Russia celebrates the 50th anniversary of manned space flight while Libya, the finances of Portugal and Iceland, and terrorist attacks keep most of Europe grounded.
An explosion in a subway station in Minsk has killed 12 people and injured 149. Belarusian President Alexander Lukashenko has warned that foreign forces could be behind the apparent terrorist attack. The Belarusian pro-democracy opposition is already fearing a crackdown.
Dark horizons for bailout Portugal (Publico)
IMF anticipates austerity effects and predicts recession and unemployment record for 2012", Público headlines as experts from the European Commission and the IMF – already in Lisbon – fix the terms of the bailout with Portugal’s government. According to their figures, Portugal faces an economic contraction of 1.5% in 2011 and 0.5% in 2012, while unemployment is set to reach 12.4% in 2012. Público adds that Portugal’s economy is set to be the worst performing in the EU in 2012, while Greece and Ireland will already be on the way to recovery. According to the Lisbon daily, the EU and IMF experts’ “biggest preoccupation” will be with reform to employment rules, tenancy agreements, and cutting expenses in the judiciary, noting that Portugal might "pay less for the rescue package than Ireland and Greece. (Full Article in Portuguese)
Netherlands: ‘No way now for Iceland to join EU’ (EUobserver)
Mixed messages on the status of Iceland’s EU accession application are coming from different actors in the bloc. But the Netherlands has said that after the country’s second rejection by referendum of an agreement intended to resolve a bitter banking dispute between the Hague and the small island, there is now "no way" Iceland will be able to join the European Union.
Libya: Nato must do more, say France and UK (BBC News)
Nato must do more to destroy heavy weaponry used by Muammar Gaddafi’s forces in Libya, the French and British foreign ministers have said. Libyan civilians remain at risk, France’s Alain Juppe said, despite the ongoing Nato-led bombing campaign. The UK’s William Hague urged Nato allies to intensify military operations, but a Nato general said the alliance was "doing a great job".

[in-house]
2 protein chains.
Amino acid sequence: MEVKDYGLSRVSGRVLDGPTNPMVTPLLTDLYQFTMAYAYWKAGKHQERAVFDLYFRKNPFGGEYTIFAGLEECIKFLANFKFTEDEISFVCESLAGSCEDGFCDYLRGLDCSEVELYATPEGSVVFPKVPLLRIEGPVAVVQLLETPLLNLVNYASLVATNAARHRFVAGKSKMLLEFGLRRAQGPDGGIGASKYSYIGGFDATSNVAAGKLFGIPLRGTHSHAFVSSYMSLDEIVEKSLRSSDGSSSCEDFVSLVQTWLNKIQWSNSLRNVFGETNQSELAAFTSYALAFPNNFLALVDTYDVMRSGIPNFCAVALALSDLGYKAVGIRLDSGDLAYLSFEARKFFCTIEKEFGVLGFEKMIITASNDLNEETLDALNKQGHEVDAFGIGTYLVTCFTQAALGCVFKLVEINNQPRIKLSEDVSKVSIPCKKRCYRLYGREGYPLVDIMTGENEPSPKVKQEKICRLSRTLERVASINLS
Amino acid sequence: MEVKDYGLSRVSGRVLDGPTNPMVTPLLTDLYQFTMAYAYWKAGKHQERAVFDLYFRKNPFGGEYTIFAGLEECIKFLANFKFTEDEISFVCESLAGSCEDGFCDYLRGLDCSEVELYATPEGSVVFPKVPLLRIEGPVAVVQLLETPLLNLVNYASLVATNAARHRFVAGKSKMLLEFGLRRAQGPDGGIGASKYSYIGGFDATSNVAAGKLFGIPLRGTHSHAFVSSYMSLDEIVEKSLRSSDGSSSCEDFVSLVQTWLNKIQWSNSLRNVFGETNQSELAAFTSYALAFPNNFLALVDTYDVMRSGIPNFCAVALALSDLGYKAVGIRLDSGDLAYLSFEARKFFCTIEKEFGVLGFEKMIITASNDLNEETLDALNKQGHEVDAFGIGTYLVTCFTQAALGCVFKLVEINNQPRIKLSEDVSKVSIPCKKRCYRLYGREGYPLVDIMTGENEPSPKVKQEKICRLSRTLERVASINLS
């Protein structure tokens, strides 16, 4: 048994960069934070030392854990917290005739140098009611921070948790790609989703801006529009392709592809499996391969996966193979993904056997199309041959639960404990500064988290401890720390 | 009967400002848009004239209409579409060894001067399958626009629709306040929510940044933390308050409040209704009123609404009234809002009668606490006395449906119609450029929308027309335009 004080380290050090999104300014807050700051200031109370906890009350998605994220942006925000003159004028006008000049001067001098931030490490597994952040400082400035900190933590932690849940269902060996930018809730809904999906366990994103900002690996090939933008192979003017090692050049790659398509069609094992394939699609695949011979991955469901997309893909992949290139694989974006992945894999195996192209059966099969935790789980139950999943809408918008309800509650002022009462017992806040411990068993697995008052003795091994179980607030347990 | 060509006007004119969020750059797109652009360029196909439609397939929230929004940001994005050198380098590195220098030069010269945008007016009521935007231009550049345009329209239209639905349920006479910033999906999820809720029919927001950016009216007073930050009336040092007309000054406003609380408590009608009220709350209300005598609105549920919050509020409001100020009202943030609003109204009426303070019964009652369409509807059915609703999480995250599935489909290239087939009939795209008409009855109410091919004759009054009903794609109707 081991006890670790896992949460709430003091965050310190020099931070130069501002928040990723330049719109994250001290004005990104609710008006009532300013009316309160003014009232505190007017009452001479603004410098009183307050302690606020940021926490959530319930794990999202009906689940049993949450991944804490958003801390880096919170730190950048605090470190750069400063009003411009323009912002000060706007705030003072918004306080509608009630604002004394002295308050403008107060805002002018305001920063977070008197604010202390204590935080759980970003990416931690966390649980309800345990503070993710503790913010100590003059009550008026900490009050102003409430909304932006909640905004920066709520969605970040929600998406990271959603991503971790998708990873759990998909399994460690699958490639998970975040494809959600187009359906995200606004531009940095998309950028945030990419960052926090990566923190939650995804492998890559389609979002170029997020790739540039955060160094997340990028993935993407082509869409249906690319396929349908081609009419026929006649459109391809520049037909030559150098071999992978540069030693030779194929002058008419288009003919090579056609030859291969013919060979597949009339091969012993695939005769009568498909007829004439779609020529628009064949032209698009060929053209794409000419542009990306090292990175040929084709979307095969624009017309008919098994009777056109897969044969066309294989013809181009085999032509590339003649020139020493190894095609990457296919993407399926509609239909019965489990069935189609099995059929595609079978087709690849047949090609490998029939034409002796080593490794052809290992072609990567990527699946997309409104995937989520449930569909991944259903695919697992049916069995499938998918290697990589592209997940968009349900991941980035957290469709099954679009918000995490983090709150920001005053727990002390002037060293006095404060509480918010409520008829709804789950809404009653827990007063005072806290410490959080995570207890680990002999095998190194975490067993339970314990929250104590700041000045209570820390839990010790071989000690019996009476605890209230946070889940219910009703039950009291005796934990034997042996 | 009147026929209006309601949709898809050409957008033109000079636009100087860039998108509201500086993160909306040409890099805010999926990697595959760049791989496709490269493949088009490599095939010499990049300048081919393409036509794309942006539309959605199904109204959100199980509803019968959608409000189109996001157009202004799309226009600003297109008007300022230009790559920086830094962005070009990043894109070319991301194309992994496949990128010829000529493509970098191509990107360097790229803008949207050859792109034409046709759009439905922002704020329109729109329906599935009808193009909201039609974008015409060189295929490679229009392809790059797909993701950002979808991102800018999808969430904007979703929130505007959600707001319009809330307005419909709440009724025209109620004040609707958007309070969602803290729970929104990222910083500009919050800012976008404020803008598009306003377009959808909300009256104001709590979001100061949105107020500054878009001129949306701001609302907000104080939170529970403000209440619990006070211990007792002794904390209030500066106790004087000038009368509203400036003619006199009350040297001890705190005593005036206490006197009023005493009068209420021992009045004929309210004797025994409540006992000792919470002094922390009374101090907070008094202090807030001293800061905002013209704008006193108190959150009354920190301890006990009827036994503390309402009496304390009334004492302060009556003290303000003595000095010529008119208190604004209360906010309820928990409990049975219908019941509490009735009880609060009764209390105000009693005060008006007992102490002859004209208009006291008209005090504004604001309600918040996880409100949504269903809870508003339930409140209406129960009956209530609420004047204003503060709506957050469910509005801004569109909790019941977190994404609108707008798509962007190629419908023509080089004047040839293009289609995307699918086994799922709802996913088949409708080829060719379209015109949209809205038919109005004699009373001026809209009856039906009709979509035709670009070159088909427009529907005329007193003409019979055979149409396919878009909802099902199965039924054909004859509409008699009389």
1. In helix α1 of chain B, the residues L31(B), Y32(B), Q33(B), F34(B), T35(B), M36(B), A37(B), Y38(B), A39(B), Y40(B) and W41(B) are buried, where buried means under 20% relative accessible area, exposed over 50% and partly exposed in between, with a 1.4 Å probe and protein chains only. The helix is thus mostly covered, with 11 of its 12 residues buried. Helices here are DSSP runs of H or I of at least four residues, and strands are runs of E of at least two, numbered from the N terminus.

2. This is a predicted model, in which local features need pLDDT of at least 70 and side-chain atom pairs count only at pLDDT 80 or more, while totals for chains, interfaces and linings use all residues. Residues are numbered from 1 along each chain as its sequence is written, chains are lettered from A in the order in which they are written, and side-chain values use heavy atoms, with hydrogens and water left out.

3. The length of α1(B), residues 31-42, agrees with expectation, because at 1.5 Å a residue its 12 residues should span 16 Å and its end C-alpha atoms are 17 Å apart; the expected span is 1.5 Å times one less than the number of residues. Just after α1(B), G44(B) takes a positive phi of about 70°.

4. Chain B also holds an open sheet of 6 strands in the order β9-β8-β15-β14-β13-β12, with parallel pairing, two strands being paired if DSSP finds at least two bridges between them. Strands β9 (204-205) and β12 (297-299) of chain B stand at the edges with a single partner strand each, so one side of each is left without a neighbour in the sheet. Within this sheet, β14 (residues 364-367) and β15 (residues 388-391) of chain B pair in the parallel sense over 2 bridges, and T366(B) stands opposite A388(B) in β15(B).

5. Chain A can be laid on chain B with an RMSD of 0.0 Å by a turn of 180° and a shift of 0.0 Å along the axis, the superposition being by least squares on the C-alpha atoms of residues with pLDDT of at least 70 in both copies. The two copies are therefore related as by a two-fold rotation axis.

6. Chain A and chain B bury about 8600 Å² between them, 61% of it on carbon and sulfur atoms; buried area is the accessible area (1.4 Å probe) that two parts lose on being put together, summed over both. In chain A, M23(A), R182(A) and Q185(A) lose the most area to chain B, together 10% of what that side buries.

EU intelligence bureau sent officers to Libya (EUobserver)
The EU’s intelligence bureau, the Joint Situation Centre, has recently sent people to Libya. But its new director says there is little prospect of turning it into a genuine intelligence-gathering service even in the "long term."
Speaking to EUobserver in the European Parliament in Brussels on Monday (11 April), Joint Situation Centre chief Ilkka Salmi confirmed that one of his staff accompanied a European External Action Service (EEAS) fact-finding mission to Tripoli on 6 March and that another one took part in a visit to Benghazi on 5 April.
Russian President Dmitry Medvedev says he and Prime Minister Vladimir Putin will decide within a "fairly short time" which of them will run for president next year. "The decision will be made in a fairly short time because…there is less then a year left [until the election]," he said in an interview with Chinese state television broadcast on Tuesday. Medvedev said he and Putin had good relations and reiterated that their decision would be based on the existing social and political situation in the country.
Space exploration remains a priority for Russia, President Dmitry Medvedev has said, as the country marks the 50th anniversary of the first human space flight by cosmonaut Yuri Gagarin.
EDITORIALS AND COLUMNS:
The next European crisis: boat people (The Economist)
For the past year excessive sovereign debt has endangered the European project. For the coming year it may be north African boat people who present the greatest danger to European unity.
Will the Libya intervention bring the end of NATO? (The Washington Post)
When Western leaders talk about the Libyan campaign as a “NATO operation” they are, at the very least, being economical with the truth.
Think about it: There was no NATO discussion of the operation, no debate, no vote, no joint planning. Technically, the North Atlantic Treaty Organization operates only in the wake of an attack on a NATO member. The war in Afghanistan followed such an attack and was, in the beginning, widely perceived as a war against a common enemy. Libya is different: There was no attack, there is no common enemy, and now there is no consensus.